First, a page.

Malcolm Scott asks for a reply to his letter (October 13) about wind energy.
Wind turbines are simply prayer flags for the “big society”. This is why.
We are not told the truth about the contribution.
Developers give the energy potential of a wind farm as “installed capacity” – 9.2Mw for Reeves Hill. Actual output is another matter.
The first consideration is “load factor” – the average electricity generated over a year as a percentage of “installed capacity”.
The Reeves Hill developer uses an unrealistic load factor of 30 per cent which is nevertheless embedded in the “facts” given to the Herefordshire Council planning committee.
Wern Ddu in Denbighshire, a comparable wind farm, achieved a load factor of 19.4 per cent in 2010.
Note that the word “average” can mislead. Wind is highly variable and unpredictable; we do not know how variable on Reeves Hill because the developer will not release the data.
In line with Government policy, the planning committee was informed that it is not for them to consider commercial viability or productivity of the project. All they were allowed to know was the “equivalent number of homes”
supplied. But this fantasy figure is bumped up 50 per cent by an unrealistic load factor and divided by national household energy requirement. If households were technically able to rely on wimore than 50 per cent of the time.
The variable strength of the wind does not correspond to the pattern of demand on the National Grid as was well-publicised in the cold, still spell around last Christmas.
Grid supplies have to be tailored to demand because mains frequency must be kept at 50Hz and excess cannot be tolerated. The obligation to accept all renewable generation means that other supplies must be adjusted. To iron out the consequences of wind variability, there has to be back-up “spinning reserve” matching 90 per cent of the output of wind for when the wind does not blow. The reserve must be readily available and most generators are slow to adjust. Even conventional gas is not flexible enough and so, as the percentage of wind in our energy mix increases, suitable, but less efficient and more expensive, conventional fossil fuel generators (such as “open cycle”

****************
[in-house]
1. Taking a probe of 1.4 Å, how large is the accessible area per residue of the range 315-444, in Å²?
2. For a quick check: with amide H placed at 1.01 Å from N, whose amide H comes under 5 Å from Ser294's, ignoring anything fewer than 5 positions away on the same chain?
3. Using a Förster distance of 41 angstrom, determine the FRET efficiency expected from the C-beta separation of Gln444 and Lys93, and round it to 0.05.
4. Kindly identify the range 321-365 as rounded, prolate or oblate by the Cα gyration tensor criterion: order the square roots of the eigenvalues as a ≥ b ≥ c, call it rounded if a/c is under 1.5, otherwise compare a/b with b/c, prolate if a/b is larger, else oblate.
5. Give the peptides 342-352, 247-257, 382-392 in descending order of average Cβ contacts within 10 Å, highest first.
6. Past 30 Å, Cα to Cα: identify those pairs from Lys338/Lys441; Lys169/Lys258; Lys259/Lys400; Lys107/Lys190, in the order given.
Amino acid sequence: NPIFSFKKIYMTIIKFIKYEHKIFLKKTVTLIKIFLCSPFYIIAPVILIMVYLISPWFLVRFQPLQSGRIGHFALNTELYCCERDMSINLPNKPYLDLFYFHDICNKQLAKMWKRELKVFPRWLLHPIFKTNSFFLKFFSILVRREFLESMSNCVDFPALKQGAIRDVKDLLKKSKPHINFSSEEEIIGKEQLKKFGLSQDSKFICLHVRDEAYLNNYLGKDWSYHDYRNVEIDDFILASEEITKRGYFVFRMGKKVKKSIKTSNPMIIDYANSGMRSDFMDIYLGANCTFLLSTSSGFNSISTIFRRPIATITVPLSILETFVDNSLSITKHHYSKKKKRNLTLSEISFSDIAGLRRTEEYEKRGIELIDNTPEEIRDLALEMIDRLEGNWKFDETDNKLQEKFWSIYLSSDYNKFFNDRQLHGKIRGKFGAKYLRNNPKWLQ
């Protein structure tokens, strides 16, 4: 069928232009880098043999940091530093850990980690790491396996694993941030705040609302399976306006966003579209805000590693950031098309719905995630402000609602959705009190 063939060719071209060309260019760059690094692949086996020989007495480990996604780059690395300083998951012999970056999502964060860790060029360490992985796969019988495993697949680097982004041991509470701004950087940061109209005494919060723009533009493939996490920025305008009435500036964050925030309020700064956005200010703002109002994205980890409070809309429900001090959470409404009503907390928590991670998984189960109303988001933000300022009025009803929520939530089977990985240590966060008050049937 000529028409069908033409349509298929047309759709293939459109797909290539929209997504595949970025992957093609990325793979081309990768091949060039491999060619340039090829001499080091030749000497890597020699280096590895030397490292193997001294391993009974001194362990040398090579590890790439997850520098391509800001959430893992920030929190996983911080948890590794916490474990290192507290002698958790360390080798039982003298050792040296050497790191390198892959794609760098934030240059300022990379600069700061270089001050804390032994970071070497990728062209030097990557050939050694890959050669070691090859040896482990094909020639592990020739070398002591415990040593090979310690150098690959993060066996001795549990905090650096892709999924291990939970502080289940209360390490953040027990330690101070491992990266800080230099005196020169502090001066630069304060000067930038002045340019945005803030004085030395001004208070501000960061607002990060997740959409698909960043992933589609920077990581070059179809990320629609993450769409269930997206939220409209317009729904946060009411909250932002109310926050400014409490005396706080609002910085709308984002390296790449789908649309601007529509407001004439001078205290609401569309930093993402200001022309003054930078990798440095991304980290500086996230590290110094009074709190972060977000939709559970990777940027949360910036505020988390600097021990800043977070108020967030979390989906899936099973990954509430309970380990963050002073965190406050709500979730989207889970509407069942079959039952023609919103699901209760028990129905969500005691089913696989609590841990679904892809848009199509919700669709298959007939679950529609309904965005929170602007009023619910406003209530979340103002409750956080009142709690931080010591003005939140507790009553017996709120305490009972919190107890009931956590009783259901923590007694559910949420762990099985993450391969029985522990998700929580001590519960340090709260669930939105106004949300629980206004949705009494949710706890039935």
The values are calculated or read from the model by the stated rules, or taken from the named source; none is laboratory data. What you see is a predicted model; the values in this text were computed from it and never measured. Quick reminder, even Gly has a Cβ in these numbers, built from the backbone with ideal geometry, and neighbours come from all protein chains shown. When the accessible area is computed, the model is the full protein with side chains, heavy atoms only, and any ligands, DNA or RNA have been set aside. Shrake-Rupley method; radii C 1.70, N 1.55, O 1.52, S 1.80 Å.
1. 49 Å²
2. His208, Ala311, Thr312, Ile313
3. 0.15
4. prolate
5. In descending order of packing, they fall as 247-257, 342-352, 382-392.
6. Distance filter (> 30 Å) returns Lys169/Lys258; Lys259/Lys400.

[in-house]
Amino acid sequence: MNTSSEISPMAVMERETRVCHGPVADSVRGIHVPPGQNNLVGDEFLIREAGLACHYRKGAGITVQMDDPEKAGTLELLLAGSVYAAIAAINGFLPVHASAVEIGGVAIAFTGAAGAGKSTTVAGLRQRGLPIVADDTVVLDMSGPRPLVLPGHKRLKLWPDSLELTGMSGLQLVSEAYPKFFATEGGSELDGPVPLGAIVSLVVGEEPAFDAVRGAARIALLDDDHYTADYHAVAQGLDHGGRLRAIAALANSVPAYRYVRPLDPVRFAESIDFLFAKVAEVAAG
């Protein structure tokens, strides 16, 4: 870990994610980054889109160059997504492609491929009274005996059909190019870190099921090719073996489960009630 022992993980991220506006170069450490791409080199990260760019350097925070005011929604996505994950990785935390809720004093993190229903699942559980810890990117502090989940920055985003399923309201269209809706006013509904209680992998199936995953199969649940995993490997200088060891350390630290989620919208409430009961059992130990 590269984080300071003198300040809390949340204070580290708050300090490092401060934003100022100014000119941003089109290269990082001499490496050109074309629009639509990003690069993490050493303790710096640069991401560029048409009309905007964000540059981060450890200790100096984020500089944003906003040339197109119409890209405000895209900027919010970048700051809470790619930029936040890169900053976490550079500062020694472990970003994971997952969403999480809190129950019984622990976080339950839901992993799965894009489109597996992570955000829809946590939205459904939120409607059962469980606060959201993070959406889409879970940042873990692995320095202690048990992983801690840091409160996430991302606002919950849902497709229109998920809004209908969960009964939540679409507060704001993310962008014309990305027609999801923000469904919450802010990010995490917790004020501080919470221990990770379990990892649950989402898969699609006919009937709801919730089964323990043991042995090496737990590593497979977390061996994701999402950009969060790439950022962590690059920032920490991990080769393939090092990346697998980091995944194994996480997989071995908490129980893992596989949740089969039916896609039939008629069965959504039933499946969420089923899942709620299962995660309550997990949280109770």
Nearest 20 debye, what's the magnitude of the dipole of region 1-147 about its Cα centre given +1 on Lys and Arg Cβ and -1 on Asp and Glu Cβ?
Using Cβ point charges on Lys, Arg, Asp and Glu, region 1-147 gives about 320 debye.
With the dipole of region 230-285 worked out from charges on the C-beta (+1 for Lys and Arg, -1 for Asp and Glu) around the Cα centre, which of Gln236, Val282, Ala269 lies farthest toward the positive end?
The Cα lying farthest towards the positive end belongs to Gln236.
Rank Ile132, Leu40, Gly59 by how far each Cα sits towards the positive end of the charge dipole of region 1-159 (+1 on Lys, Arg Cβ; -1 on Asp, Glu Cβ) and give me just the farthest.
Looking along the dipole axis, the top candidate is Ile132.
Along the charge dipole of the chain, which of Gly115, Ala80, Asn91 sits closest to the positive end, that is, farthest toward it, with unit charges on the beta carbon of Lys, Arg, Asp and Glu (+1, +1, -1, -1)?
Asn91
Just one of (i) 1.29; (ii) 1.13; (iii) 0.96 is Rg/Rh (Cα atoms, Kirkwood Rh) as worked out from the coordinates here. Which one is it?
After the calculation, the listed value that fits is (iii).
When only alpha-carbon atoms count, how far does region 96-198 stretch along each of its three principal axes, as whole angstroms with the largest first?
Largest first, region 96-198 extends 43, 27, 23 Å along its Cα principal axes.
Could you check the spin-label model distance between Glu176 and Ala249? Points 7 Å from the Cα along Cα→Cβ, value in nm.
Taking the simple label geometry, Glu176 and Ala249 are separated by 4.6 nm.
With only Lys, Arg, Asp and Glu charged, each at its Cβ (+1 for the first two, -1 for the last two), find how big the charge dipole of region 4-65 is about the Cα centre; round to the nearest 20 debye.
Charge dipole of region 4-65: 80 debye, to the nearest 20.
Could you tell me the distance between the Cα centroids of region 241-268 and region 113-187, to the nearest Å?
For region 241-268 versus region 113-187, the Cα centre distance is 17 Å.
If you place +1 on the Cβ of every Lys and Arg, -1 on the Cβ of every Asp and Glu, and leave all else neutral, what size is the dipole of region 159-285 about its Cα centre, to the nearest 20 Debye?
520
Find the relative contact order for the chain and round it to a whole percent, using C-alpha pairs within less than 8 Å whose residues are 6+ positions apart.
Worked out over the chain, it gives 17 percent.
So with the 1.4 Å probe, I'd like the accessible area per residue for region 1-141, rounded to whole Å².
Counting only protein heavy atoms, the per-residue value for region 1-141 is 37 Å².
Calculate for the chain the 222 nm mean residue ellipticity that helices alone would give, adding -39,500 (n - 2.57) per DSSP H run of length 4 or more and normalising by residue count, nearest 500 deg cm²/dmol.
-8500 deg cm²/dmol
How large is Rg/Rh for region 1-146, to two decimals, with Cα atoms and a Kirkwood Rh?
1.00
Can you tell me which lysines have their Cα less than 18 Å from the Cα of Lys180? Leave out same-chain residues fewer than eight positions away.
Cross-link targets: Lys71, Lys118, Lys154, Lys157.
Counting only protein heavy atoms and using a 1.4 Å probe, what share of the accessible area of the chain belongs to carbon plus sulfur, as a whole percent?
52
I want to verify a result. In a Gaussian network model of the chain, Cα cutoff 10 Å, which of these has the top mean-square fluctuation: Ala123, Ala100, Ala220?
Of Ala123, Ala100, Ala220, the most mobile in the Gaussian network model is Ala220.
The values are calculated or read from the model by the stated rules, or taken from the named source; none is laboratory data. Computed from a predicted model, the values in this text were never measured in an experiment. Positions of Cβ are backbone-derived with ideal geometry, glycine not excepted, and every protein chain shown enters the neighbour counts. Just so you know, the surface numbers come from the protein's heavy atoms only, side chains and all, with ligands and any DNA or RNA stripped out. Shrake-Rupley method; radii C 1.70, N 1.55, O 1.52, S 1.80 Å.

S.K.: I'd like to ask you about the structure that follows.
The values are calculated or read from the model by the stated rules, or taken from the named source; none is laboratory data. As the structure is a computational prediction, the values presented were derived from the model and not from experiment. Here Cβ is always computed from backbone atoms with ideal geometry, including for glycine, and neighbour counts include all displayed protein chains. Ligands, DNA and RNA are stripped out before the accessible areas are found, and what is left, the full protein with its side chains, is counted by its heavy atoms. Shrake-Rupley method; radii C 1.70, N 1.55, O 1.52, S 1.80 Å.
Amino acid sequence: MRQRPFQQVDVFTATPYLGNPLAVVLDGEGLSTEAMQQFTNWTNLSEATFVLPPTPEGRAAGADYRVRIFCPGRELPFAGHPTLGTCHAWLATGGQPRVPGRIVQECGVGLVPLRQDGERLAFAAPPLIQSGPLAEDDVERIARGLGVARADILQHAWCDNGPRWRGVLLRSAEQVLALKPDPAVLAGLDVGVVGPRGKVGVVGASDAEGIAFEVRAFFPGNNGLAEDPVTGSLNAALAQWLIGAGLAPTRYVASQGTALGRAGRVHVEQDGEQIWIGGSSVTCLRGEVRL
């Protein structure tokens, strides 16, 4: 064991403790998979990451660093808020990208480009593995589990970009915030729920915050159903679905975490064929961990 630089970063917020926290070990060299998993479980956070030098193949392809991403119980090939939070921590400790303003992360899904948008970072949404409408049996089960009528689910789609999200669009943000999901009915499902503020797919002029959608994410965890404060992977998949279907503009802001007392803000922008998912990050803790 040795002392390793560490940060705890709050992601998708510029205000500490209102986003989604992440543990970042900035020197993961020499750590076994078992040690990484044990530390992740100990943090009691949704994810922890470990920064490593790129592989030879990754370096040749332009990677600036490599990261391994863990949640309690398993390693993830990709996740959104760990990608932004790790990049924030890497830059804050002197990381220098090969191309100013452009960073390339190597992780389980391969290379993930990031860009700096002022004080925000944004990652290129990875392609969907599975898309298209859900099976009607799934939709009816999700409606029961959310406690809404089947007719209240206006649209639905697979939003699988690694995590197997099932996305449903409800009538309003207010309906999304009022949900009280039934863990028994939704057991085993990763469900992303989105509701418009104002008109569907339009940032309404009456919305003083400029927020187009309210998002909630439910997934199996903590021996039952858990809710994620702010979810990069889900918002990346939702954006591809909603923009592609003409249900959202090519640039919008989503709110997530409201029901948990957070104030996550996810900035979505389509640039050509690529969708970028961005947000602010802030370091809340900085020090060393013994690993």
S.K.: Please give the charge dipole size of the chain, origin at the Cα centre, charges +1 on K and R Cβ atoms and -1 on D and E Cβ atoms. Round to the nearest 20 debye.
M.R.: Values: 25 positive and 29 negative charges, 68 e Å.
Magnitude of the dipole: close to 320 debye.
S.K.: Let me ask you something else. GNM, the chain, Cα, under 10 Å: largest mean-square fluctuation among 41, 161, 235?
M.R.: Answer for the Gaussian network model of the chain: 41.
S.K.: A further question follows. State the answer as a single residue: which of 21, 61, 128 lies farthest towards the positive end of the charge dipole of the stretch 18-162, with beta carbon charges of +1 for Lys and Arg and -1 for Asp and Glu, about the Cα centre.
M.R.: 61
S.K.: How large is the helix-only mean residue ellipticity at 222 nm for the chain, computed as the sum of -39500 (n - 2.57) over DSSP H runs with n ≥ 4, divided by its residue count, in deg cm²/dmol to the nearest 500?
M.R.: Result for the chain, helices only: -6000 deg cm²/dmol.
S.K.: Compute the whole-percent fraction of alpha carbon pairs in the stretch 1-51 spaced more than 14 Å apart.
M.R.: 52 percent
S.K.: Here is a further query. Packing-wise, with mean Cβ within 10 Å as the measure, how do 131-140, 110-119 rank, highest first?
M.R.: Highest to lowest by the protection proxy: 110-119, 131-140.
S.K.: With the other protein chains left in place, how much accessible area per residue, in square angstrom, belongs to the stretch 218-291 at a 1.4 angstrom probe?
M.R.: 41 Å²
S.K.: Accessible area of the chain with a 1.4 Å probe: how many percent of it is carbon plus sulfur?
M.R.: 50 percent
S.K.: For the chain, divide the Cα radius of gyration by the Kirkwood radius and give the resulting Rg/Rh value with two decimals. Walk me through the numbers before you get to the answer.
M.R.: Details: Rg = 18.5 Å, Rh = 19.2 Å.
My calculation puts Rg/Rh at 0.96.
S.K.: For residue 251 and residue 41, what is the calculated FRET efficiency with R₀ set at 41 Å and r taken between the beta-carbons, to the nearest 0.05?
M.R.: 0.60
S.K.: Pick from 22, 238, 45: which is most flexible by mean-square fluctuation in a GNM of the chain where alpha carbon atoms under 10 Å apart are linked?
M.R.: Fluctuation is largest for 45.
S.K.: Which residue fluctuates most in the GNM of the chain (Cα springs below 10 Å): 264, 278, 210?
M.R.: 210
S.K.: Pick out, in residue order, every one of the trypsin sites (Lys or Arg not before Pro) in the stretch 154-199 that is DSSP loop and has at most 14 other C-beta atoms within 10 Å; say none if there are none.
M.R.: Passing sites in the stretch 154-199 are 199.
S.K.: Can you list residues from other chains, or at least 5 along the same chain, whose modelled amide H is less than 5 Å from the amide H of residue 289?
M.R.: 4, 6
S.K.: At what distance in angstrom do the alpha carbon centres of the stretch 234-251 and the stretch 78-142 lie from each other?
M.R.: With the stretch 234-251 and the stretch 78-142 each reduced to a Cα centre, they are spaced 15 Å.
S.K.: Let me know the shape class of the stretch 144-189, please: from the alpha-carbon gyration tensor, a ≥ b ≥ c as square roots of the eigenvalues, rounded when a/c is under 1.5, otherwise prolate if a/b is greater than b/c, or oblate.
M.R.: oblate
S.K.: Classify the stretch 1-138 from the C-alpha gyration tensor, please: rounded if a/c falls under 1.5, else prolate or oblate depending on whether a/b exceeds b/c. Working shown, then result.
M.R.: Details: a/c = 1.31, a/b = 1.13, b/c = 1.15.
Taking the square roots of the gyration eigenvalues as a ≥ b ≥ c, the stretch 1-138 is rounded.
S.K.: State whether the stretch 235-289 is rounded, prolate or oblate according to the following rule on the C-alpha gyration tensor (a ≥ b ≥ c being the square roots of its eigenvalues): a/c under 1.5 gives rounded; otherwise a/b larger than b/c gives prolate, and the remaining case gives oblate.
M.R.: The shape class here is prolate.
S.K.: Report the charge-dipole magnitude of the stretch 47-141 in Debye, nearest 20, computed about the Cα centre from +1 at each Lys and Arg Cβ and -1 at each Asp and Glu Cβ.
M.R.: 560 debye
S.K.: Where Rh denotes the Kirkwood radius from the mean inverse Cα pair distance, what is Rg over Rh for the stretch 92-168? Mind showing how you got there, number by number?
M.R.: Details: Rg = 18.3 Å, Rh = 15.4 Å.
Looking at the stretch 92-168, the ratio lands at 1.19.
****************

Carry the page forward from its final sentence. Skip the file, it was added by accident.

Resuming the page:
gas plants) will have to be built.
We are not told the truth about costs.
The grid cannot cope with too much wind either. Take-up is guaranteed for all renewable generation, and so, wind energy producers are paid over the odds to shut their turbines down.
Expensive shut downs (one wind farm was paid £1.2 million to stop producing for 8.5 hours this September) are bound to increase with the proportion of wind in our energy mix.
Our Government is loading the dice even more in favour of developers with the forthcoming “presumption in favour of development”.
DR CHRISTINE HUGH-JONES,
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